Weaved or Wove?

There is a very interesting explanation about the origin of the words weaved and wove on Michael Quinion’s excellent WorldWideWords web site
Weaved or Wove?WorldWideWords

Certificate of Competence in Hand Spinning Information Day Report

We had a very successful day, with all present participating and communicating well. The advisory panel answered questions from the students as we went through the course booklet. The panel was also able to give helpful information about the course and what is expected of the students, eg deadlines for submission of work, that no names should appear on submitted work, fees, checks on spinning throughout the course (if requested).

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East Timor Weaving Tour

Itinerary: The tour begins with two days in Dili visiting local projects. On day 3, participants have the choice to make a day trip to visit the Maubara basket weavers or stay in Dili for a conference about sustainable livelihoods. On day 4 head east to Com with its stunning beaches and spectacular Tais. On day 5 head inland to Los Palos, renowned for its strong traditions for the first of the weaving workshops. On day 6, go through the hills to the isolated sub-district of Iliomar for two days of workshops culminating in a celebration feast with the community in appreciation for their hospitality. Day 10 to Baucua. Day 11 return to Dili to visit local sites.

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Discover Natural Fibres Conference

This conference is being held in Dunedin, New Zealand, at the University of Otago, New Zealand’s first University. This will be the first joint conference of branches of the Textile Institutes in New Zealand and Australia. Both the conference theme and sub-topics are relevant to challenges facing those with diverse interests in natural fibres.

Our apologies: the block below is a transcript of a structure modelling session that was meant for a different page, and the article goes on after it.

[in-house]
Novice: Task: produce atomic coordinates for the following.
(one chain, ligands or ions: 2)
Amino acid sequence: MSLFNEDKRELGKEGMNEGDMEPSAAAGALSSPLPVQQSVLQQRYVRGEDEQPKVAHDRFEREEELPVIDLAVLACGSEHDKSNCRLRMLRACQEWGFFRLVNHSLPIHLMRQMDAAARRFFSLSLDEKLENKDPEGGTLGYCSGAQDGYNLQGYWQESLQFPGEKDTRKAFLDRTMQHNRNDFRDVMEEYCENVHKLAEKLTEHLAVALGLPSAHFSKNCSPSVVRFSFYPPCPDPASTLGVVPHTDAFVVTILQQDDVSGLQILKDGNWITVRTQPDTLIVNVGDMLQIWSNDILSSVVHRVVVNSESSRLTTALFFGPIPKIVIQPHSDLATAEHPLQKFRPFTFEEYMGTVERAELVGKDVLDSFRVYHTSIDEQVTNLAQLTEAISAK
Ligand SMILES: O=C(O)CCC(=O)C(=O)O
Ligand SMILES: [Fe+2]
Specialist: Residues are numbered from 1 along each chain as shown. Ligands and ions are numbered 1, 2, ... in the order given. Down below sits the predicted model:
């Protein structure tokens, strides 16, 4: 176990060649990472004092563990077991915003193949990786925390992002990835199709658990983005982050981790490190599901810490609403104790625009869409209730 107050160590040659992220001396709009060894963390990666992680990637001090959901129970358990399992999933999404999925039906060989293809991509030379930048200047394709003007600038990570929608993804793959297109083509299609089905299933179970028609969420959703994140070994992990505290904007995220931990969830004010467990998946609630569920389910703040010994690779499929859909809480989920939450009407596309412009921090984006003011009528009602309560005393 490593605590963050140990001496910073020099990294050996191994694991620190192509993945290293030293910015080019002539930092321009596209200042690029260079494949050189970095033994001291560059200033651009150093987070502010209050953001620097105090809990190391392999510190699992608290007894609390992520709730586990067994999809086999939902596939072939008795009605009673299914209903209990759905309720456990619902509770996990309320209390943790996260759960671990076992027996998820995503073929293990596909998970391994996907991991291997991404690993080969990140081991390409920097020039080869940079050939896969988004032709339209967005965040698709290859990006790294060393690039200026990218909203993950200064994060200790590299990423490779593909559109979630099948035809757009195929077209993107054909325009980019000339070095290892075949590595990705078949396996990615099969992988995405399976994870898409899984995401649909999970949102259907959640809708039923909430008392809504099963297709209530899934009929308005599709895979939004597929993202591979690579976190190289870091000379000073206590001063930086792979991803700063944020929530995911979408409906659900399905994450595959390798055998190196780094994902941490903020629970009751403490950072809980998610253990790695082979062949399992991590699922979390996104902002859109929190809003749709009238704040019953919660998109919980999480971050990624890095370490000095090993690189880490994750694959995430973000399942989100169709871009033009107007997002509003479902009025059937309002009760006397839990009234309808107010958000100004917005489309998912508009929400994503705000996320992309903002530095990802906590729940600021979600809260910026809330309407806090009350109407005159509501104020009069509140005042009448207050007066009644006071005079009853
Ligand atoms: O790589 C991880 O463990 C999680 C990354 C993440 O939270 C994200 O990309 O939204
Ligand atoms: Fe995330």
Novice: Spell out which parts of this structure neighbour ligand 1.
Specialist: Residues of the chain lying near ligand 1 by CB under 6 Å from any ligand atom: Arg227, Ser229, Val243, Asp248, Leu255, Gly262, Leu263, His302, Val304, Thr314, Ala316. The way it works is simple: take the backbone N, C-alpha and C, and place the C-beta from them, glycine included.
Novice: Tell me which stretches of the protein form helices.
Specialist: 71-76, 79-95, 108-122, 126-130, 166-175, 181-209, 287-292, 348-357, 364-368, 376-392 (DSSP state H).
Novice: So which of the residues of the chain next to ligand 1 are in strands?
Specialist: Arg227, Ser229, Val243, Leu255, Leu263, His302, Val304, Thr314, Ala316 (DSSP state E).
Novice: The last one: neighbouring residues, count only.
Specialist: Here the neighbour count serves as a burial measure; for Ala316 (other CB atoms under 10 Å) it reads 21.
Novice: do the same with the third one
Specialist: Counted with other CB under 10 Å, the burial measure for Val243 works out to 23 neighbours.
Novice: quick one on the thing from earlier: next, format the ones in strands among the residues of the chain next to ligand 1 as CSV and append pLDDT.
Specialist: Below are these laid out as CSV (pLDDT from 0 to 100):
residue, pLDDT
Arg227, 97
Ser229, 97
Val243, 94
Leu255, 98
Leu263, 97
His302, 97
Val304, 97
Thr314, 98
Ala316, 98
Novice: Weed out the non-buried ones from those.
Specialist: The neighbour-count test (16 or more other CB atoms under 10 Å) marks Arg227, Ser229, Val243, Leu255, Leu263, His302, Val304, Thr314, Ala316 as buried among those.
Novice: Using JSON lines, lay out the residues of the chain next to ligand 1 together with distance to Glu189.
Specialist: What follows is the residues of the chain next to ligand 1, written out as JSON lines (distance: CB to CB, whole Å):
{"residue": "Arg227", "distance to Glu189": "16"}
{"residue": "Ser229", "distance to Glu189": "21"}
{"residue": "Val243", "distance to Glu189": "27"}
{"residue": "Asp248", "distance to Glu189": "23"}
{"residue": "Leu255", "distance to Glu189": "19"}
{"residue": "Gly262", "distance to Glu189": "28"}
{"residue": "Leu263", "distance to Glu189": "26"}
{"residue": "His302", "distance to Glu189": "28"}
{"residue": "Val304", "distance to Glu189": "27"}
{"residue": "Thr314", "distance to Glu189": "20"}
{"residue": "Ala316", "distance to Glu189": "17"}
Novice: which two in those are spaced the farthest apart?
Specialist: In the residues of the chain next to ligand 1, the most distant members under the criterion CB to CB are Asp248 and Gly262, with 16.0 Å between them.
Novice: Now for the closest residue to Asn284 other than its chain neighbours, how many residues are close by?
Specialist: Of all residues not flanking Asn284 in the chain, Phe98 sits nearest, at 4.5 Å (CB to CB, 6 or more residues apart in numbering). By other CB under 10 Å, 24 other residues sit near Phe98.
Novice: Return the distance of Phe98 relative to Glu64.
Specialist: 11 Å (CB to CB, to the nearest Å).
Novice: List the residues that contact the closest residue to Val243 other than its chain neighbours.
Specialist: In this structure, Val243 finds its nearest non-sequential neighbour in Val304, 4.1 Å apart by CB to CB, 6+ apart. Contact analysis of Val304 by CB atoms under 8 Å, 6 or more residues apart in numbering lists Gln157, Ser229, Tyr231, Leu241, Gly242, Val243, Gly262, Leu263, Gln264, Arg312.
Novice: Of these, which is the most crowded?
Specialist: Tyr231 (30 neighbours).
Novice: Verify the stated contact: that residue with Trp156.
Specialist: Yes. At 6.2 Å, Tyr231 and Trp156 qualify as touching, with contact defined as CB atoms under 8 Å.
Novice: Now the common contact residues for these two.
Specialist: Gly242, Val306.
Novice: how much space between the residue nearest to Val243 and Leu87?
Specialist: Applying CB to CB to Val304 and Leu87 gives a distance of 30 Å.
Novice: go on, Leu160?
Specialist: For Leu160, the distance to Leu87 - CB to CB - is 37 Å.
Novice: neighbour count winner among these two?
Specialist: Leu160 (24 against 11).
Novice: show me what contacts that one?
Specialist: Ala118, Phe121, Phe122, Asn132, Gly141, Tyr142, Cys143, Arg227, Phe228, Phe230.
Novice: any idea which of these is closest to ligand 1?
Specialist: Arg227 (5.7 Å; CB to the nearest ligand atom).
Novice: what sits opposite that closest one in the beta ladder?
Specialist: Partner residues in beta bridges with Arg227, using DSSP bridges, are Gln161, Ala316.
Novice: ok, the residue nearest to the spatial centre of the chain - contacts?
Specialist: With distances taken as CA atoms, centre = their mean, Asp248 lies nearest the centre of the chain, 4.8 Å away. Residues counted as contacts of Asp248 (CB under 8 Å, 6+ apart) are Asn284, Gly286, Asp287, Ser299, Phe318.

The conference objectives are to:

  • recognise and celebrate the United Nations Year of natural fibres
  • examine current issues related to natural fibres in Australasia – production, processing, development of niche products, use, disposal
  • facilitate discussion among those working with textiles manufactured from natural fibres – such as members of the Textile Institute and other professionals (academics, curators/ collection managers/conservators, industrialists, students and technologists)

When: 15-17 April

My Annual Summer Retreat

As I do each January, I made my way from Coramba to Sydney for the Guild’s annual Summer School.
This year choosing my courses was even more difficult than usual. There were so many great workshops to choose from but some were on at the same time as others. After some deliberation I made my choices. I selected four workshops. A day travelling in each direction – I was having a ten day fibre holiday.

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Orange Forum: 19-25 April 2009